If earning a NSF Career Award is a springboard for a successful career, Levi Stanley has launched himself into the pool.
The National Science Foundation has announced Stanley, an assistant professor of chemistry at Iowa State University, a recipient of its 2014 Career Award. The NSF Career Award is the Foundation’s most prestigious award in support of junior faculty.
“The NSF Career Award should be an expectation among our junior faculty,” Stanley said of earning the award. “We strive to be one of the best chemistry departments in the world, and we should always be living up to that.”
Stanley hit the ground running when he joined the ISU chemistry faculty in spring 2012. By August that year, he was named the Carlyle G. Caldwell Endowed Chair, which provided two years of supplemental funds for his catalysis research. He said catalysis – the acceleration of chemical reactions by the action of a catalyst that remains unchanged at the end of the process – has been a very active field during the past 20 years.
“Catalysis has exploded over the past couple of decades,” he said. “What makes our research unique is that we are developing catalysts for an understudied chemical reaction and establishing this reaction as a platform for the synthesis of medicinally important compounds.”
The NSF Career Award: The Faculty Early Career Development (CAREER) Program is a Foundation-wide activity that offers the National Science Foundation’s most prestigious awards in support of junior faculty who exemplify the role of teacher-scholars through outstanding research, excellent education and the integration of education and research within the context of the mission of their organizations.
“With this NSF Career award so early in his tenure at ISU, we are seeing the rapid development of his program into a wider range of very fundamental synthetic catalysis,” said William Jenks, chemistry professor and chair. “He is jumping into a field where there is a lot of competition and the Career award shows that he is already viewed as one of the young leaders in the field.”
For an applicant to be considered for the Career award, they must excel in the lab as well as the classroom. Stanley has grown into his role as a professor, but said he had to learn how to teach.
“You have to learn how to balance the teaching part with the scientist part,” he said. “In graduate school and postdoctoral studies, you learn how to be an expert researcher, not necessarily how to be an expert teacher. I’m certainly still learning.”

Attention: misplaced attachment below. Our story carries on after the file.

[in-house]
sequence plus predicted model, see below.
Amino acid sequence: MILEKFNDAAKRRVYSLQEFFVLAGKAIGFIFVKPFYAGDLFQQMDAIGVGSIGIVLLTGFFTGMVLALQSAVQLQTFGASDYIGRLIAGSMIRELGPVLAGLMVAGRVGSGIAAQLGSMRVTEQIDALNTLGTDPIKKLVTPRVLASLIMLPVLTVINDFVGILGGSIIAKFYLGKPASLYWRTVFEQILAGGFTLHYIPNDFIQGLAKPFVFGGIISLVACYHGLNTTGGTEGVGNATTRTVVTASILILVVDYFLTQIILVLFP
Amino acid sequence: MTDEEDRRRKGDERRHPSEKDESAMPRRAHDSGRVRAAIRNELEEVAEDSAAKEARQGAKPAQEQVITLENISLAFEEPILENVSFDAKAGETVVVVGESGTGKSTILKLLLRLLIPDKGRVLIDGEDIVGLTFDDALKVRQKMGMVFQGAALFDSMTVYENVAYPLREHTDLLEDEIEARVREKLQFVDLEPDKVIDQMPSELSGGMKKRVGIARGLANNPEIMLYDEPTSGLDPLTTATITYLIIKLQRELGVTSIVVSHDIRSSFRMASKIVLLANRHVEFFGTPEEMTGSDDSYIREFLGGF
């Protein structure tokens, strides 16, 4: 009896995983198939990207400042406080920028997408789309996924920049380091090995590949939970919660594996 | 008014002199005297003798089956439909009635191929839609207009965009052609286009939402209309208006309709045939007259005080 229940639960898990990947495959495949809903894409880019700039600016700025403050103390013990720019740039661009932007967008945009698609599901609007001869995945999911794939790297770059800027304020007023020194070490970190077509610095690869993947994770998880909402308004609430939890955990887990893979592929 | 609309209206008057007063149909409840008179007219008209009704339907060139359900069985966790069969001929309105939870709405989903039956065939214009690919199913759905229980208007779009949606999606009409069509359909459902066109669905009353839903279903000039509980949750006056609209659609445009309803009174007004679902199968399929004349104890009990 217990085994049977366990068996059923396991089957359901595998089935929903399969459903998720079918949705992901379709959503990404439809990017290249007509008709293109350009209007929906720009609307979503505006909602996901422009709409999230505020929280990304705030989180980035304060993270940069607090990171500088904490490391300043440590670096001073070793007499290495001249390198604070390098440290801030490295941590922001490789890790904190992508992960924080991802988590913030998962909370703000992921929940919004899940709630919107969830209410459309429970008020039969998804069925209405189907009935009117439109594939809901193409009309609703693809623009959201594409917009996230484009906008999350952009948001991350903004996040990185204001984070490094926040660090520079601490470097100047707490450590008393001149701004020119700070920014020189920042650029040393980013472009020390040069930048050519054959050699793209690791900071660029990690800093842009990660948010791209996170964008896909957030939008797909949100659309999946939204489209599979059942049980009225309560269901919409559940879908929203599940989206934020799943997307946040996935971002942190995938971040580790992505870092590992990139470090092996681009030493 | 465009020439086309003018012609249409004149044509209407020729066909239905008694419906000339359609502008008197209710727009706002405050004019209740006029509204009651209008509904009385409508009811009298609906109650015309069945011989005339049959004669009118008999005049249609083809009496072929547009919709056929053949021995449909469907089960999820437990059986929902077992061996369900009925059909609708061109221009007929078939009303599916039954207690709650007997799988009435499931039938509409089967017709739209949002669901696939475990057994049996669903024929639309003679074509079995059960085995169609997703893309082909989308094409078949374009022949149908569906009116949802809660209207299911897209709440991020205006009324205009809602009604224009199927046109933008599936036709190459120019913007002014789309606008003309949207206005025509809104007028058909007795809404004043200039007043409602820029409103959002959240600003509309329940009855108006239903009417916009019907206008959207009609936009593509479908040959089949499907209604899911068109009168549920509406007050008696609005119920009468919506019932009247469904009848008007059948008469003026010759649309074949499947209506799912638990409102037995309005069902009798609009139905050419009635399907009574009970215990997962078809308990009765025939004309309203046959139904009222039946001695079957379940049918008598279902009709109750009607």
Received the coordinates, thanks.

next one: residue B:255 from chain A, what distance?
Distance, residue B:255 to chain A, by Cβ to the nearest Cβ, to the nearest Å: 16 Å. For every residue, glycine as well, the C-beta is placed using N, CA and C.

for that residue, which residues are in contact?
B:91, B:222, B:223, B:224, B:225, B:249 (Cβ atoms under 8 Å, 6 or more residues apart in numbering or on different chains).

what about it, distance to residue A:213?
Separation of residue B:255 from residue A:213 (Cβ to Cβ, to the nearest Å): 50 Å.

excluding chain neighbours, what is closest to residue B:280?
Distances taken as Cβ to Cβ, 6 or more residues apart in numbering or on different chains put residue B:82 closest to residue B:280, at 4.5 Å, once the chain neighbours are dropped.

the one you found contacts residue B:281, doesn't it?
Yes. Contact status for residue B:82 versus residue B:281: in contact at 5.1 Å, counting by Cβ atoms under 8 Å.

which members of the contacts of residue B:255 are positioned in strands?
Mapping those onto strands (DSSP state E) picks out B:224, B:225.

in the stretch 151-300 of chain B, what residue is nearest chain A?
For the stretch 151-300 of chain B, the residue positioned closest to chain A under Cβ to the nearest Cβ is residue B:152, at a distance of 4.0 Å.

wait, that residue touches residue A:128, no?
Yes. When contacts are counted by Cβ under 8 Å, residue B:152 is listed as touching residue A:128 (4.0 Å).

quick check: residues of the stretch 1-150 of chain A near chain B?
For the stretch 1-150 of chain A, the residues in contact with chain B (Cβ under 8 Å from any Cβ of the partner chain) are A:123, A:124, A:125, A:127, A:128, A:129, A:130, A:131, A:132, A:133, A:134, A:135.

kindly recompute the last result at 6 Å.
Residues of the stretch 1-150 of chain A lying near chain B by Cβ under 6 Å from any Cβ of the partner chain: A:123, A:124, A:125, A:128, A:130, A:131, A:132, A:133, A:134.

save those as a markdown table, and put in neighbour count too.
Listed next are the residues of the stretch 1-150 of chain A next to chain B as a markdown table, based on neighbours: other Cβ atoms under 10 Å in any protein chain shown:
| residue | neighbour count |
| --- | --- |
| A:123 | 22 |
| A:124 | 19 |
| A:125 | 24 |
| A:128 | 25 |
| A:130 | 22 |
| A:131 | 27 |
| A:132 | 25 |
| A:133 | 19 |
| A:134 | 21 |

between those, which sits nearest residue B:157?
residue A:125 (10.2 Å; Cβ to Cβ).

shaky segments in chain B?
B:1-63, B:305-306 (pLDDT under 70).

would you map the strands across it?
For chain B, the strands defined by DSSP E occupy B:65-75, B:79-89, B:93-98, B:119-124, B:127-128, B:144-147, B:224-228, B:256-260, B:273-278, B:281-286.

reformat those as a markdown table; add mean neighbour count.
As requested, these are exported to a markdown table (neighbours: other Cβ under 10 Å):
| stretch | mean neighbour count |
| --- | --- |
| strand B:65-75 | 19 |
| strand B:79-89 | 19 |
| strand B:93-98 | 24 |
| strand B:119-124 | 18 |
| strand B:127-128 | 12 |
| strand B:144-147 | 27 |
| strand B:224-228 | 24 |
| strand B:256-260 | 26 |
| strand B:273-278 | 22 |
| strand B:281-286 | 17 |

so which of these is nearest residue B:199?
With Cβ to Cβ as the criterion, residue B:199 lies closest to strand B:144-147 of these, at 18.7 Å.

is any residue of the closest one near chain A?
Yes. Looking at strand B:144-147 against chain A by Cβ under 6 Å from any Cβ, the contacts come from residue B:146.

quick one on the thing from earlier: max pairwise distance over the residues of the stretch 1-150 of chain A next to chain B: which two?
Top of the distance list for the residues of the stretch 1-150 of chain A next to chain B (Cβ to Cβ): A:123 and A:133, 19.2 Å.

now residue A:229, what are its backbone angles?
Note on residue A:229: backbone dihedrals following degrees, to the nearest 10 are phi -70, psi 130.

Modesty aside, Stanley’s teaching style made an impression on the Career award selection committee. He said one criticism of teaching organic chemistry is that professors often take a ‘cookbook approach.’
“I believe it’s important for students to have a real world lab experience as undergraduates, so I allow them into the lab to create their own molecules and make their own discoveries. This fits with the theme that ISU thinks is important – getting them real experience as soon as possible.”
As an undergraduate himself, Stanley first studied organic chemistry with plans to go to medical school. When a professor encouraged him to come into the lab and assist with research, Stanley’s plans changed.
“There are many students who just need introduced to the lab at an earlier stage,” he said. “Then the interest is sparked and they join research groups to get more involved. The results are very tangible.”
The NSF Career award provides Stanley $600,000 to continue his research.
About Liberal Arts and Sciences The College of Liberal Arts and Sciences is a world-class learning and research community. Iowa State’s most academically diverse college, LAS educates students to become global citizens, providing rigorous academic programs in the sciences, humanities and social sciences within a supportive personalized learning environment. College faculty design new materials, unravel biological structures, care for the environment, and explore social and behavioral issues. From fundamental research to technology transfer and artistic expression, the college supports people in Iowa and around the world.
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Contacts: Levi Stanley, Department of Chemistry, (515) 294-3609, email@example.com Jess Guess, Liberal Arts and Sciences Communications, (515) 294-9906, firstname.lastname@example.org